14ymedio, Havana, December 2, 2023 — War tanks, missile launchers, Ural-4320 trucks, soldiers capable of walking on barbed wire and a labyrinth of secret tunnels. The disturbing images that the Cuban Army allowed a reporter from the Russian channel Zvezda to record have all the ingredients of a propaganda cocktail, but they offer a clear message: Cuba has no complexes in showing itself to its allies as a key military point in the region.
The Military Acceptance program, led by Alexey Egorov and specializing in analysis of war material, dedicated 40 minutes to tour various facilities of the Armed Forces, including the Granma Naval Academy, the Museum of the Revolution in Havana and an underground arsenal more than 100 meters deep.
Egorov boasted that in his foray into the Cuban Army tunnels he achieved “unique images,” and that his team is “the first foreign media outlet to descend into the weapons warehouses” on the island. While examining the rocket launchers – known popularly called katiushas and capable of simultaneously firing 40 projectiles — the reporter stressed that Cuba was only 180 kilometers from the coast of the United States, although, he admitted, more than 9,700 kilometers separate it from Russia.
The intention of the program – which will have a second episode – is to show “how Caribbean steel is hardened” and “where the island’s warriors get their combat experience.” In addition, it devotes numerous comments to describing “how the Soviet Union protected Liberty Island, with its nuclear shield, from American attacks,” alluding to the missiles with atomic warheads that the USSR quickly installed and removed on the Island at beginning of the 1960’s.
Alexey Egorov, the Russian journalist to whom the Army opened the doors of its facilities, is a staunch supporter of Vladimir Putin and an enthusiastic defender of his invasion of Ukraine. Bulletproof in ideological matters, Egorov appears on the list of 1,500 warmongers in the service of the Kremlin published by the Free Russia Forum.
The hosts spared no attention to the Moscow envoy. With a lamp in his hand and after handing over his cell phone, Egorov began his program praising the Cuban military installations and going through several meters of tunnels in excellent condition, well lit and signposted. He was accompanied at all times, although they were not identified, by a first colonel of the Armed Forces and several colonels in field dress.
Covered with tarps to protect them from humidity, there were several war tanks, Russian Ural 4320 trucks and Chinese Howo, which the Army had already exhibited during parades at the beginning of the year. He also visited the so-called Reactive Artillery Group, where the missile launchers, installed on Ural vehicles, and various Army logistics implements and food suplies are kept.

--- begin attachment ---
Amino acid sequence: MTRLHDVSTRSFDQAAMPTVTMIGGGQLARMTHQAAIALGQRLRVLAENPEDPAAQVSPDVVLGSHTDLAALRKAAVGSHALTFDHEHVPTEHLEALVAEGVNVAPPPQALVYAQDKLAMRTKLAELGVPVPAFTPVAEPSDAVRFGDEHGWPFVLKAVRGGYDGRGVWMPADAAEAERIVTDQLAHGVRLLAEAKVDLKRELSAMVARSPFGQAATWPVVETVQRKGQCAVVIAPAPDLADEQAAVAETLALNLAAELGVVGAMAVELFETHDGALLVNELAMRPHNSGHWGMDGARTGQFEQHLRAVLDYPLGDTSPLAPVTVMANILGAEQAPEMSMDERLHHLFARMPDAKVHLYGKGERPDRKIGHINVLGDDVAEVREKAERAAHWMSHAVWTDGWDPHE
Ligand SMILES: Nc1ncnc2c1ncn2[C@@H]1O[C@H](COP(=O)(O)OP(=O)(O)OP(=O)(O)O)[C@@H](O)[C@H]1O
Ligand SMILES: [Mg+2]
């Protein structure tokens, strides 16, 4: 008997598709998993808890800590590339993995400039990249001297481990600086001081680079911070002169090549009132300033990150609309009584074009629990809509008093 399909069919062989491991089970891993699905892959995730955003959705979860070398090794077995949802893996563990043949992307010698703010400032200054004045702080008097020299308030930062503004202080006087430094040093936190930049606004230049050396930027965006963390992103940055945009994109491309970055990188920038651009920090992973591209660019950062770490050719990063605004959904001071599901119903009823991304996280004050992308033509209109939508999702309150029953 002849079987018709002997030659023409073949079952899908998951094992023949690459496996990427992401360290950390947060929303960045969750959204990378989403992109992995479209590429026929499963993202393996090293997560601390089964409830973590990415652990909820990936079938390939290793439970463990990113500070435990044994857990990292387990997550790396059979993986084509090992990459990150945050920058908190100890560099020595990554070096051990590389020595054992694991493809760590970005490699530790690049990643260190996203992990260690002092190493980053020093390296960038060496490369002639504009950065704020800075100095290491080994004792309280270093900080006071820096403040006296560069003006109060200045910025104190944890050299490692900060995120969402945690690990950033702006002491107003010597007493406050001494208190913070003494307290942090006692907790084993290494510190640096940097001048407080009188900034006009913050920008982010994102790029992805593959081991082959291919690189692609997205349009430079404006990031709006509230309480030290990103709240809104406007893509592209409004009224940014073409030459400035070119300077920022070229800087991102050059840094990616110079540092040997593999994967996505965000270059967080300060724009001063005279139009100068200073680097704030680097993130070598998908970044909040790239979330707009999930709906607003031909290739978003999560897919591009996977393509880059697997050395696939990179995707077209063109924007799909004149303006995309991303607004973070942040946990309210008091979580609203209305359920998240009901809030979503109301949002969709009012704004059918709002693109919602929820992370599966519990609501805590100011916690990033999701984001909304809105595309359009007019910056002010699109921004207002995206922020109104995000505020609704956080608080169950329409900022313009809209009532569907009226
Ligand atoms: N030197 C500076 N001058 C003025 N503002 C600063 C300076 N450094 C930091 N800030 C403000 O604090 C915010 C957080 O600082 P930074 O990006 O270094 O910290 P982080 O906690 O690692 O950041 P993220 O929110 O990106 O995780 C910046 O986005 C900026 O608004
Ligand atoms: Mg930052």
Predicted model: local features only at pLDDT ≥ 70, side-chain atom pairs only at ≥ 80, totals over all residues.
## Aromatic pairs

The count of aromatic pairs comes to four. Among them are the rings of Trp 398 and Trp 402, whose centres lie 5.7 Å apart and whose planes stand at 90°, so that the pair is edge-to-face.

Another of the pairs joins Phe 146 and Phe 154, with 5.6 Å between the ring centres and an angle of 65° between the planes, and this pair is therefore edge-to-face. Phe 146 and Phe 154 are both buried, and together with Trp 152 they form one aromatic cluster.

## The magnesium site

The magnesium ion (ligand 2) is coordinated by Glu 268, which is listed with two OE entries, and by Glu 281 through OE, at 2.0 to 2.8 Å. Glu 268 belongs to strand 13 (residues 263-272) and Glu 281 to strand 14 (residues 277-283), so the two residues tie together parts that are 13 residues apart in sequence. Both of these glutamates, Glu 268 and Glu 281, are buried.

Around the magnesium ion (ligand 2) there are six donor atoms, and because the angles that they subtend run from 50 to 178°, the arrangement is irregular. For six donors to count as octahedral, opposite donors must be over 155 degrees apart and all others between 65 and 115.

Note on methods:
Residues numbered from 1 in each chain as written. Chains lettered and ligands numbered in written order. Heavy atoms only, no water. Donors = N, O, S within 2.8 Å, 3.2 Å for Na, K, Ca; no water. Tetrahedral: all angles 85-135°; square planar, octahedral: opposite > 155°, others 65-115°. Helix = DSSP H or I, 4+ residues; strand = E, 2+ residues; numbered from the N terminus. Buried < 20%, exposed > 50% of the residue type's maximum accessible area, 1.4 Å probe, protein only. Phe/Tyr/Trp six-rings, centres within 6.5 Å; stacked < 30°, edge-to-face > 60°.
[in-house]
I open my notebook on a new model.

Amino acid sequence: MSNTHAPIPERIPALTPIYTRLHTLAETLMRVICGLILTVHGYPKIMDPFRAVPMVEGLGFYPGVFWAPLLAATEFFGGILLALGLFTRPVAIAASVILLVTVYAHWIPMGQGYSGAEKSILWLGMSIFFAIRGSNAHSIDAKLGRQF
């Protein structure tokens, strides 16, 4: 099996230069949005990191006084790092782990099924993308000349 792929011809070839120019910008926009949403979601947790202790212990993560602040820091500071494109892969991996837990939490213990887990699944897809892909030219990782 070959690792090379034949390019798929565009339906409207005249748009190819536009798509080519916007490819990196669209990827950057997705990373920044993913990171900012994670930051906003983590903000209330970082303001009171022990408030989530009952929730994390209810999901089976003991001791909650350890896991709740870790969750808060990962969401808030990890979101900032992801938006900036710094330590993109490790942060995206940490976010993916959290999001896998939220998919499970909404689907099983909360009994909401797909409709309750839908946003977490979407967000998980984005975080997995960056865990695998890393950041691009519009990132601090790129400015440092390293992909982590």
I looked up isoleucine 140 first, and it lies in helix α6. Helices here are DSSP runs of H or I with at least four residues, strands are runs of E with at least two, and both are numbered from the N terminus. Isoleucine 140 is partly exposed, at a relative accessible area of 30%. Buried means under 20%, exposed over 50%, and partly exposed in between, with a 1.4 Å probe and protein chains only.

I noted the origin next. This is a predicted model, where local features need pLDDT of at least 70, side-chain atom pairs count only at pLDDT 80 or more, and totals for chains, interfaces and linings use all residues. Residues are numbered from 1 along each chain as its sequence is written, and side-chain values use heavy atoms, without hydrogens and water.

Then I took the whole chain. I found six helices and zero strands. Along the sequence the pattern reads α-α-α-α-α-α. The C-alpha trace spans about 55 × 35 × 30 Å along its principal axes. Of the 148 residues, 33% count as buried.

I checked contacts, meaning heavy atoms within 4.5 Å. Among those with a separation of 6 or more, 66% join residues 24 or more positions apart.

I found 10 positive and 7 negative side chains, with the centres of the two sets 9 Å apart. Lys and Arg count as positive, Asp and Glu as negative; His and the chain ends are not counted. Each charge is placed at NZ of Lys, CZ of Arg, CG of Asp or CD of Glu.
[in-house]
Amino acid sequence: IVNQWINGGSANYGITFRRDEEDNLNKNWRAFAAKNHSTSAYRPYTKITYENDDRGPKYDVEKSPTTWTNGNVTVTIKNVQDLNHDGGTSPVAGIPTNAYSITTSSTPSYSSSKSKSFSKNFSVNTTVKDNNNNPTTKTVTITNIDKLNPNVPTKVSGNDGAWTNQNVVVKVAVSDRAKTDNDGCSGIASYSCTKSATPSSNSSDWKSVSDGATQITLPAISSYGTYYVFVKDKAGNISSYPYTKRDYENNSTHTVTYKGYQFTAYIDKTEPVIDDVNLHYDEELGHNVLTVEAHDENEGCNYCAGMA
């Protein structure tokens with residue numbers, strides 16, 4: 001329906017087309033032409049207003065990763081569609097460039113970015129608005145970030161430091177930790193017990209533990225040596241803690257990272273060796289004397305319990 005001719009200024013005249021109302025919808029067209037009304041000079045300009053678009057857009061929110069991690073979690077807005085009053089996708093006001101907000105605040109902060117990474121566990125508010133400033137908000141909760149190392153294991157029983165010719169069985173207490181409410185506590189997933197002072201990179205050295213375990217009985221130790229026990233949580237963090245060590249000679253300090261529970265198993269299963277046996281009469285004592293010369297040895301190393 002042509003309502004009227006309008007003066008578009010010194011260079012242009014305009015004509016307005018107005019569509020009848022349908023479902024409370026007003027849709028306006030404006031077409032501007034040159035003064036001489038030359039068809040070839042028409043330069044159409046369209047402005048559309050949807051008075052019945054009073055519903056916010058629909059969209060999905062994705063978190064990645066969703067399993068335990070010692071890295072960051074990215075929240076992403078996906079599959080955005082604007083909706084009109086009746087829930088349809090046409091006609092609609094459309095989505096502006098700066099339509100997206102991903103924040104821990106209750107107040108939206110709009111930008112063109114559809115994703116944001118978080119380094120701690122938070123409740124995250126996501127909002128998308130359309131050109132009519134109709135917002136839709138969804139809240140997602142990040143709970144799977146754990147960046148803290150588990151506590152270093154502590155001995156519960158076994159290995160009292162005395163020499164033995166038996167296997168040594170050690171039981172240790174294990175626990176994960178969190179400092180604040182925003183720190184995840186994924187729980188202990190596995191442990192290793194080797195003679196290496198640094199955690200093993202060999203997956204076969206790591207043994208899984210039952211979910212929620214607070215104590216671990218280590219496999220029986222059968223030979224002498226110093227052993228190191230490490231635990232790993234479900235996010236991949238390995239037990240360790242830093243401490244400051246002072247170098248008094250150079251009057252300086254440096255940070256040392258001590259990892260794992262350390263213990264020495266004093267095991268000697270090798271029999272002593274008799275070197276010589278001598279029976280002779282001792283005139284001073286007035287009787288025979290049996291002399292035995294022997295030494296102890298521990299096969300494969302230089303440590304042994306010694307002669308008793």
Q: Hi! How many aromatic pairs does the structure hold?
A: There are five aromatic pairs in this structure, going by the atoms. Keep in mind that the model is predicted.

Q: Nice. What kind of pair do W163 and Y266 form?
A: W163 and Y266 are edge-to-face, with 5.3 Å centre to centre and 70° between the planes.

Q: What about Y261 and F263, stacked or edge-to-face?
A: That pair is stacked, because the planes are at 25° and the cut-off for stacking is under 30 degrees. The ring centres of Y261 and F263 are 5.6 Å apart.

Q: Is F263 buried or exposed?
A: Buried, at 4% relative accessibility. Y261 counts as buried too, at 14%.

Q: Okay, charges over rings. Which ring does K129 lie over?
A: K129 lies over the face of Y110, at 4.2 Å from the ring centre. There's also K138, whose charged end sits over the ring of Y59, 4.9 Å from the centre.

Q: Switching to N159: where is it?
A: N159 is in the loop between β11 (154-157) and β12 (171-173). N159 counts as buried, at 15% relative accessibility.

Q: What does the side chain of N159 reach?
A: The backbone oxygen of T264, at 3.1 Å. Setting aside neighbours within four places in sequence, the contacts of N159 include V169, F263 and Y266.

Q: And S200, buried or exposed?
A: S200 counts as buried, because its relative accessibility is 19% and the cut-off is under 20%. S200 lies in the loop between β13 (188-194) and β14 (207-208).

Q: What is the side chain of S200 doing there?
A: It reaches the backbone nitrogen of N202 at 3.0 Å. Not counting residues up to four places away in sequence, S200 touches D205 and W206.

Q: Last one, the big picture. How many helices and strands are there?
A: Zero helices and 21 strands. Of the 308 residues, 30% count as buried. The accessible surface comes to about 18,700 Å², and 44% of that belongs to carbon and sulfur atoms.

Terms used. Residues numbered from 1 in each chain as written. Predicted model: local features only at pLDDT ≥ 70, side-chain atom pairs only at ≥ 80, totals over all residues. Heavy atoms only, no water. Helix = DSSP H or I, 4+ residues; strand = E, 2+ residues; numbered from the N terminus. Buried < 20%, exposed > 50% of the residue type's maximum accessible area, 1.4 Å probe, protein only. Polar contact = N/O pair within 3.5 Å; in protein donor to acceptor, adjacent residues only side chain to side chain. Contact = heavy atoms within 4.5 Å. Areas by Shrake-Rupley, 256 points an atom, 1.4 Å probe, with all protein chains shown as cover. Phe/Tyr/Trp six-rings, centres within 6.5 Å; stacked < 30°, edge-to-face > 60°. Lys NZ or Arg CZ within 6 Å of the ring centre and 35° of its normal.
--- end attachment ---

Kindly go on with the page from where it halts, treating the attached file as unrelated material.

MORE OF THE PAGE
Egorov compared the Cuban tunnels with those in North Korea, which he also visited during a broadcast of his program. The training and protection systems of the arsenal, he demonstrated, are very similar, and the island’s troops have proven their effectiveness in operations in Angola, Ethiopia and Granada, he listed, although it is known that the Cuban soldiers fled in disarray before the 82nd US Airborne Division in Grenada.
The camera then moves to open fields, where several platoons of Black Wasps – armed with Kalashnikov rifles and wearing camouflage paint – demonstrate their training maneuvers along the coast. In addition to physical exercises, tactical studies and hand-to-hand combat, recruits must walk barefoot and shirtless over barbed wire. Another operation consists of lying on the wires so that other soldiers can walk on their backs.
At the Granma Naval Academy, east of Havana, Egorov examined the training techniques of the Cuban Navy. Among his equipment, the reporter highlighted a virtual simulator that occupies an entire room, and that reproduces the bridge of a warship. The training images are those of a hypothetical battle in Havana Bay.
To illustrate the excellent health among the senior military officials of Russia and Cuba, Egorov showed recordings of the meeting in Moscow between the Cuban Minister of the Armed Forces, Álvaro López Miera, and his Russian counterpart, Sergei Shoigu, last June. The journalist also showed unpublished images of the visit to Havana of the Russian training ship Perekop – whose authorities canceled, without explanation, the visits that Cuban civilians had scheduled to its deck, last July – and his tour of the Museum of Revolution and Playa Girón [referred to as the Bay of Pigs in the US].
The images published by Egorov come to light in a diplomatic context in which Havana must tread carefully. On the one hand, the recent announcement that the regime plans to buy Polonez-M missiles from Belarus, with a range of 300 meters, would be a direct military provocation for the region. On the other hand, the ratification of Cuba as one of the countries sponsoring terrorism, according to the annual list prepared by the United States.
Everything, after a year of maximum tension in which rumors about Russian spy bases on the Island, the presence of Cuban soldiers in the invasion of Ukraine and the alliance between Havana and the Kremlin, have filled the front pages of all the newspapers from around the world, except those from Cuba.
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